Pirated DVDs still being sold in Brunei

, National 3 minutes, 40 seconds

BRUNEI-MUARA AND BELAIT

AT LEAST five retail shops in Brunei-Muara and two in Kuala Belait were seen selling pirated DVDs and CDs openly to public.

Pirated movies continue to be sold rampantly in the sultanate with the re-emergence of retail outlets selling illegal copies of DVDs, CDs, and VCDs despite the government’s efforts to stop them.

The Brunei Times received public tip-offs on the locations of some of the retail shops in the Brunei-Muara district, particularly in the Kg Sungai Hanching and Lambak area.

When The Brunei Times visited two shops in the forementioned areas, the entrances were covered with DVD covers.

Most of the DVDs and CDs were priced at $3 with the discs arranged based on its genre and release dates.

The sellers said they have not been selling original discs since three years ago as customers prefer buying pirated copies.

Both sellers also revealed that the retail shops were run by the same person.

A shop in Citisquare in Berakas, meanwhile, claimed that they were selling original DVDs and CDs at prices around $5.

This was also claimed by a few other retail shops in the Gadong commercial area.

Others, however, were adamant that original copies of DVDs and CDs cannot be bought at $5, adding that original titles will usually range from $20 to $50.

Fatima Azupardo, manager of another DVD store at The Mall, Gadong, said consumers should be able to identify original DVDs and CDs based on the packaging.

“(Original discs) usually come with company’s address as well as their hologram that would be a high quality material. If there’s no address and hologram on the cover, then it could be a copy or pirated discs,” she said.

“Now it’s easy to detect whether it’s pirated or original. There is a sticker on the cover that people can scan using android phone (to check its originality),” said the manager, adding that AV Audio&Video no longer sells DVDs and CDs due to its decline in popularity.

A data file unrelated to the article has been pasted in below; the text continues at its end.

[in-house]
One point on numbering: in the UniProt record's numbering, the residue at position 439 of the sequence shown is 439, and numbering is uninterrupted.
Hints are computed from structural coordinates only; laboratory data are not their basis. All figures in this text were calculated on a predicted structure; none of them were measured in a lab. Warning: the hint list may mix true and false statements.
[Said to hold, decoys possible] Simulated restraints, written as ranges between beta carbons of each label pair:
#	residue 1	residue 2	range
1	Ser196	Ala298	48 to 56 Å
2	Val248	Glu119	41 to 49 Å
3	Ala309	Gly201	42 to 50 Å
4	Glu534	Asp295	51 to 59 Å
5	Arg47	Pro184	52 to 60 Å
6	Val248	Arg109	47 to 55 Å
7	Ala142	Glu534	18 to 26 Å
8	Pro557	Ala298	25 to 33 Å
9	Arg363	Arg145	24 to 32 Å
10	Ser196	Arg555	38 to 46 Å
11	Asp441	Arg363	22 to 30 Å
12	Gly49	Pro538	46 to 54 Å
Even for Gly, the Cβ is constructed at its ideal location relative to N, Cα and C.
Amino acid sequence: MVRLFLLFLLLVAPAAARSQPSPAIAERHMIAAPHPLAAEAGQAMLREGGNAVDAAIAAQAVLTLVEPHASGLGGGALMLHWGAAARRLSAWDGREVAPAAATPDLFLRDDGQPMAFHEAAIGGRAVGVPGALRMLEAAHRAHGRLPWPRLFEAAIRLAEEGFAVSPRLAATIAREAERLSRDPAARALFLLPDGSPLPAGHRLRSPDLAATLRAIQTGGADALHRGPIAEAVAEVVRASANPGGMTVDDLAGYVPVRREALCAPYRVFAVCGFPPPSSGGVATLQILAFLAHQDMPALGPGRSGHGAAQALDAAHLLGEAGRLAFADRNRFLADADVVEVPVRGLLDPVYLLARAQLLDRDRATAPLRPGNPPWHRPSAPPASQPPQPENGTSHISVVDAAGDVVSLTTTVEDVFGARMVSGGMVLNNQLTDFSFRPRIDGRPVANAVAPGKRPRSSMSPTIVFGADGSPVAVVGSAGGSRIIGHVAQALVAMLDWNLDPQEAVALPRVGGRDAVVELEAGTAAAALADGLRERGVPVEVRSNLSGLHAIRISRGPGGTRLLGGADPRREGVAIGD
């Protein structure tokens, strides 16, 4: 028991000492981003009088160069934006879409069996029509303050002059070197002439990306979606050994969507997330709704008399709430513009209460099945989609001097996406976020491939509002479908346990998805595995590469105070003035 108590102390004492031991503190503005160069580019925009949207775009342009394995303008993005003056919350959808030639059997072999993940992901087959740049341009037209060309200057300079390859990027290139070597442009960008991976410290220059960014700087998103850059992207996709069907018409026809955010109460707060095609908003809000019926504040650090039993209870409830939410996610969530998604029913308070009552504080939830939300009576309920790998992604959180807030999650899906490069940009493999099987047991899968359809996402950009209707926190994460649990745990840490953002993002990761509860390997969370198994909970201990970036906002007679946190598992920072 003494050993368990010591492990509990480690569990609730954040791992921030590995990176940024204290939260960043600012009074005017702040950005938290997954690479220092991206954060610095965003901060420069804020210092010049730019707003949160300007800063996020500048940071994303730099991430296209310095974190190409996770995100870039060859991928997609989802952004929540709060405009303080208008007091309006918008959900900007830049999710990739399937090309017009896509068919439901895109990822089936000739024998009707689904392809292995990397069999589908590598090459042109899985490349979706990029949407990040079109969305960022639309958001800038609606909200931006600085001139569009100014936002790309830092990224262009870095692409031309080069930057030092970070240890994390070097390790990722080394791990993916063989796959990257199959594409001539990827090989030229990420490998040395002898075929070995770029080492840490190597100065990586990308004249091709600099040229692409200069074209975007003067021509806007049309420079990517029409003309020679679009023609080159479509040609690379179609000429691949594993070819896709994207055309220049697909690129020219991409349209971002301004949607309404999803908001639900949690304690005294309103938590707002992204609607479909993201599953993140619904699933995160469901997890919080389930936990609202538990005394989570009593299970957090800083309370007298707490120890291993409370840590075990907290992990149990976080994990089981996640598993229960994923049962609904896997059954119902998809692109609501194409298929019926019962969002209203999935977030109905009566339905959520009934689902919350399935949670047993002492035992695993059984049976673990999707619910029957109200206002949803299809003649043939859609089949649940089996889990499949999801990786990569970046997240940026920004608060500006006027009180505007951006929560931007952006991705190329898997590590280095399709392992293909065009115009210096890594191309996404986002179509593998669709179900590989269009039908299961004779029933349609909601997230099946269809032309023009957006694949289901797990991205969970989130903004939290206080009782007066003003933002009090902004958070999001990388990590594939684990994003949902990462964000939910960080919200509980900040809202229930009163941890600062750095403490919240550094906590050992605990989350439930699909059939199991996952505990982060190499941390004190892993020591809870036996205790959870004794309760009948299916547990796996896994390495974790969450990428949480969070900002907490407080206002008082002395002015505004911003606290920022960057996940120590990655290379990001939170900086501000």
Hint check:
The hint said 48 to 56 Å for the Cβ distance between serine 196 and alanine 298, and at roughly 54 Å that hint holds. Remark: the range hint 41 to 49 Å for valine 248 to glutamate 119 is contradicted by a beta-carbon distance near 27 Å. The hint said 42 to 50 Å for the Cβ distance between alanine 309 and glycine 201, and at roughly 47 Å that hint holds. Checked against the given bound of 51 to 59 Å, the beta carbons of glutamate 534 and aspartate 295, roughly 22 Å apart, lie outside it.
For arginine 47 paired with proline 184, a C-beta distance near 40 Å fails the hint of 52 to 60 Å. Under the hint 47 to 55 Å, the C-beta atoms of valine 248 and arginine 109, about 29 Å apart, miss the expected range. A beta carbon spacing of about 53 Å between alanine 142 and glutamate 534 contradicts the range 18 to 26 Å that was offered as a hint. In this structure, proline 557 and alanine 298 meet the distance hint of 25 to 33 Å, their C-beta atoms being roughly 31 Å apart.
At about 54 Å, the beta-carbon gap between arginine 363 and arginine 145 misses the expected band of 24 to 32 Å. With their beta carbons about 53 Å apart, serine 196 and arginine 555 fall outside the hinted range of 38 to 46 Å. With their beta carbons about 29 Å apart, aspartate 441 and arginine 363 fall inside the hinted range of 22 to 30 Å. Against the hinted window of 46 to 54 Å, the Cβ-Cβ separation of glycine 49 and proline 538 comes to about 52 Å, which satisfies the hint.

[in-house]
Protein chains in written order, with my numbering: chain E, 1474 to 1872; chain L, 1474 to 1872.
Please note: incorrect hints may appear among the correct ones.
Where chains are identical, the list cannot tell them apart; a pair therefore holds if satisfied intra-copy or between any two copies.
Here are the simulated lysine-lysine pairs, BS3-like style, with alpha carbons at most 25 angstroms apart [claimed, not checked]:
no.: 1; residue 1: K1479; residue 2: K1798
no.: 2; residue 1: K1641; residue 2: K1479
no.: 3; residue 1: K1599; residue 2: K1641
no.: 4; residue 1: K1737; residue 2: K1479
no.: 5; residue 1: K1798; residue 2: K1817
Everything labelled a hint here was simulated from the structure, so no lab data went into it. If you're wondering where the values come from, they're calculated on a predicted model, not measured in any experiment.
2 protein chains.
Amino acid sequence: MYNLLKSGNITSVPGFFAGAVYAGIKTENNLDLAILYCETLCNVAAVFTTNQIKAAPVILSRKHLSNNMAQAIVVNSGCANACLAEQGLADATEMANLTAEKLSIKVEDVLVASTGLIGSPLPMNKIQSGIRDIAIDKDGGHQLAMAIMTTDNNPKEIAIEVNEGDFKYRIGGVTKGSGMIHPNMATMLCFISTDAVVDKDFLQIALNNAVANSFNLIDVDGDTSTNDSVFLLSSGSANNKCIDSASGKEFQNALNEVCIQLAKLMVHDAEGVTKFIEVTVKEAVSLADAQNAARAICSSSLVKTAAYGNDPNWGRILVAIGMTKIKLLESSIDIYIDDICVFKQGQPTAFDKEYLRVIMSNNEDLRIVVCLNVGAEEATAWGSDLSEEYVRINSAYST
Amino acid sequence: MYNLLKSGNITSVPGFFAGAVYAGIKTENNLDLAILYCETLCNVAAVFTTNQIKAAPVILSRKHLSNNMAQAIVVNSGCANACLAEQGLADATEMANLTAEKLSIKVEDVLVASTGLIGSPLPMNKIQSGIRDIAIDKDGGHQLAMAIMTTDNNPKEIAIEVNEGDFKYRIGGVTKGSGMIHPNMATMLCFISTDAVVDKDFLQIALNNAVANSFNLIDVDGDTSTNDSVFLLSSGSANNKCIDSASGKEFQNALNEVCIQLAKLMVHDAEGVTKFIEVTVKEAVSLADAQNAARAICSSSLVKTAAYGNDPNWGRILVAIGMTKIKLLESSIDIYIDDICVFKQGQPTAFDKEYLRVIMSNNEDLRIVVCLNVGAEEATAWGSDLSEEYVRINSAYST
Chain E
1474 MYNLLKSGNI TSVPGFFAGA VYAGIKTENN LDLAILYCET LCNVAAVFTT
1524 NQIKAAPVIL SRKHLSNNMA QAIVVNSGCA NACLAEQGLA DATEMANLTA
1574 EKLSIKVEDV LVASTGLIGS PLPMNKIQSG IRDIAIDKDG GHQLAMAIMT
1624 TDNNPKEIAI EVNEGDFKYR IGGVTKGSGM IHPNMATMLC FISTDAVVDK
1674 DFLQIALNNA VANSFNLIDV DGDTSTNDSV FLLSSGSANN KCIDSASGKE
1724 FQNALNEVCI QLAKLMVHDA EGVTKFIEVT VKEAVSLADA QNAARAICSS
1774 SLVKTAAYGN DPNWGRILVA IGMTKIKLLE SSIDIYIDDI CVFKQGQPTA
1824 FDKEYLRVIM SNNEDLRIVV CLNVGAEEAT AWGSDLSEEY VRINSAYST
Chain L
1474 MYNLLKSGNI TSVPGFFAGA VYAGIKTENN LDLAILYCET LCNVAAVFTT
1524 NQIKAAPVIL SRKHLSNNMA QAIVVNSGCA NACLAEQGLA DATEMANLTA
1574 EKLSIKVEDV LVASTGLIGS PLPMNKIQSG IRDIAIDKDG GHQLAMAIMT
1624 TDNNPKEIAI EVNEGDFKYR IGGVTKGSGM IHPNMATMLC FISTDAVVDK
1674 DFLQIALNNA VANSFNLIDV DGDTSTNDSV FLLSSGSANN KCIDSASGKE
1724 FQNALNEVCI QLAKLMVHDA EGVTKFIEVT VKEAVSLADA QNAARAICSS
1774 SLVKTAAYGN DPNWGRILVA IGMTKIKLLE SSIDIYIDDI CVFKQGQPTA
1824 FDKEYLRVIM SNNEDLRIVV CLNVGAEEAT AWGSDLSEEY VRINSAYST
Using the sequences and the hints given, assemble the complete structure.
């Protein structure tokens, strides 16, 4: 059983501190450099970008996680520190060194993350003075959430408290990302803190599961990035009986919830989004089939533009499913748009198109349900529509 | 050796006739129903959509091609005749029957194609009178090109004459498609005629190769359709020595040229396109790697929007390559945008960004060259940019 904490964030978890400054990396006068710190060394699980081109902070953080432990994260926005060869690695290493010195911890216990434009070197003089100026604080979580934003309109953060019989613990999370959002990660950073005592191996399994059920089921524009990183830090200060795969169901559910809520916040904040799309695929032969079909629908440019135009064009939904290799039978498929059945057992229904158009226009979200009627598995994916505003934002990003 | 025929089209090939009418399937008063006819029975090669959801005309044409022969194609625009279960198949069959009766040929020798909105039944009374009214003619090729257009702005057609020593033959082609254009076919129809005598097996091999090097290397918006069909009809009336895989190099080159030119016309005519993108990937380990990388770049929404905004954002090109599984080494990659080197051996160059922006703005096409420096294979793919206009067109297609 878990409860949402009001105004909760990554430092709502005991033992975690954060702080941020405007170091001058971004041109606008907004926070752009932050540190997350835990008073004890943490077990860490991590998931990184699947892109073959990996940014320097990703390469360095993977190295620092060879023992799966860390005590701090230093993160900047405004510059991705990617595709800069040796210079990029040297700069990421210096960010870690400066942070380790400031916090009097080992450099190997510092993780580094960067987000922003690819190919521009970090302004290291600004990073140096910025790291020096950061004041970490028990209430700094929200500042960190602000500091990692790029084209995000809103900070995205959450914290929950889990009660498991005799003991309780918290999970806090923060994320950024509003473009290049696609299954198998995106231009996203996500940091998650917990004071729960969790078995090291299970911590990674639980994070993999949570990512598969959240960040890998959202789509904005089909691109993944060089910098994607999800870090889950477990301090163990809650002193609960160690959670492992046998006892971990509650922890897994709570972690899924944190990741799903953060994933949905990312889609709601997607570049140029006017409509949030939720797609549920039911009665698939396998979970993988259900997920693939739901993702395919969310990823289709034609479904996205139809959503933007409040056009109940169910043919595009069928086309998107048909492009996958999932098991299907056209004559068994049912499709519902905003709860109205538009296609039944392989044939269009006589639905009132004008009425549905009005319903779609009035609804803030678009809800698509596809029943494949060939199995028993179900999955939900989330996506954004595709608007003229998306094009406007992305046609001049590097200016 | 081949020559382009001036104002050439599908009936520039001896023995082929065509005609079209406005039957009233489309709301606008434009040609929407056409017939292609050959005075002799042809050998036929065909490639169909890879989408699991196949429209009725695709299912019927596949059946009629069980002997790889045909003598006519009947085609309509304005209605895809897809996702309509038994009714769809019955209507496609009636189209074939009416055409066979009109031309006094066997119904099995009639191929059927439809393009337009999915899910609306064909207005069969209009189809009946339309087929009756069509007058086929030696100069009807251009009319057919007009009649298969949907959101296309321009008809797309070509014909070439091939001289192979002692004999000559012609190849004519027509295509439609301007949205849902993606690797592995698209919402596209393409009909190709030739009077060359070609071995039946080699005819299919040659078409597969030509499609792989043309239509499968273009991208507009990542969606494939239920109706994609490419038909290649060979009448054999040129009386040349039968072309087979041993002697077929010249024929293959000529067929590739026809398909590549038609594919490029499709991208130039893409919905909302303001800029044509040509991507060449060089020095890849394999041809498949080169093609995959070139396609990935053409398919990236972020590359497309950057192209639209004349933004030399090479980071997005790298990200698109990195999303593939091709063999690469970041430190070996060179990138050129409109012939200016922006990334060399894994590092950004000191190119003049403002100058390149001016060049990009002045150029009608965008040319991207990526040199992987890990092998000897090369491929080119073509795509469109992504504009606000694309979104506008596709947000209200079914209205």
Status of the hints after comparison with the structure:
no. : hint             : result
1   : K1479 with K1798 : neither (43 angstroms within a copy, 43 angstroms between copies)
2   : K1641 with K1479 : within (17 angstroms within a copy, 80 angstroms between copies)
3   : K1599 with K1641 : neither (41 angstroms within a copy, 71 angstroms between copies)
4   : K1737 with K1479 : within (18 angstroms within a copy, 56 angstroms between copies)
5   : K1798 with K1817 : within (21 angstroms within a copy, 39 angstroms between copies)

Meanwhile, in Kuala Belait, one seller claimed that revenue has dropped steeply with faster and more widespread use of broadband, which has shifted customer demand in favour of downloading movies and music online.

“The regulation and enforcement had an effect, but that is only half of the story. Just like how CDs and DVDs killed the sales of VHS, the increase in Internet speed and use has killed off the need for physical mediums for media, both illegal and original,” said the seller who asked not to be named.

She added that with the shift in consumer choice, a small number of sellers have emerged online who will provide the soft copy files for movies and television series of the customer’s choice at a small fee.

“I have seen on websites and Facebook people offering this service. But as more and more people have fast Internet access, the number of these sellers will probably diminish,” she said.

She observed that the majority of televisions made recently have either USB slots, an HDMI input or allow for a VGA cable to be connected, which allow for media to be played from external sources like laptops and hard drives.

“VCD and DVD stores these days are becoming less and less noticeable in Brunei. It doesn’t matter whether you are selling illegal or original movies or music, you will never be making as much profit as you would be ten years ago,” she said.

In Kg Pandan, a small store located in the same building as a major supermarket was selling pirated movie discs for $5 each on average.

The store had many empty shelves and sold no television series.

Nearby in the heart of Kuala Belait town, a larger store sold a mix or original and pirated titles. Pirated movies were sold at $5, while original titles costed at least twice as much, depending on the date of release.

When contacted, authorities were either unable to comment or could not be reached.

In 2009, a campaign against pirated CDs and DVDs was actively carried by the Recording Industry Association of Malaysia (RIM) in collaboration with the Attorney General’s Chambers and the Royal Brunei Police Force.

Brunei had been excluded from the US Trade Representative Office (USTR) “Watch list” of intellectual property rights (IPR) in 2013 after the country had made an effort in eliminating the pirated businesses in few years back.

The Brunei Times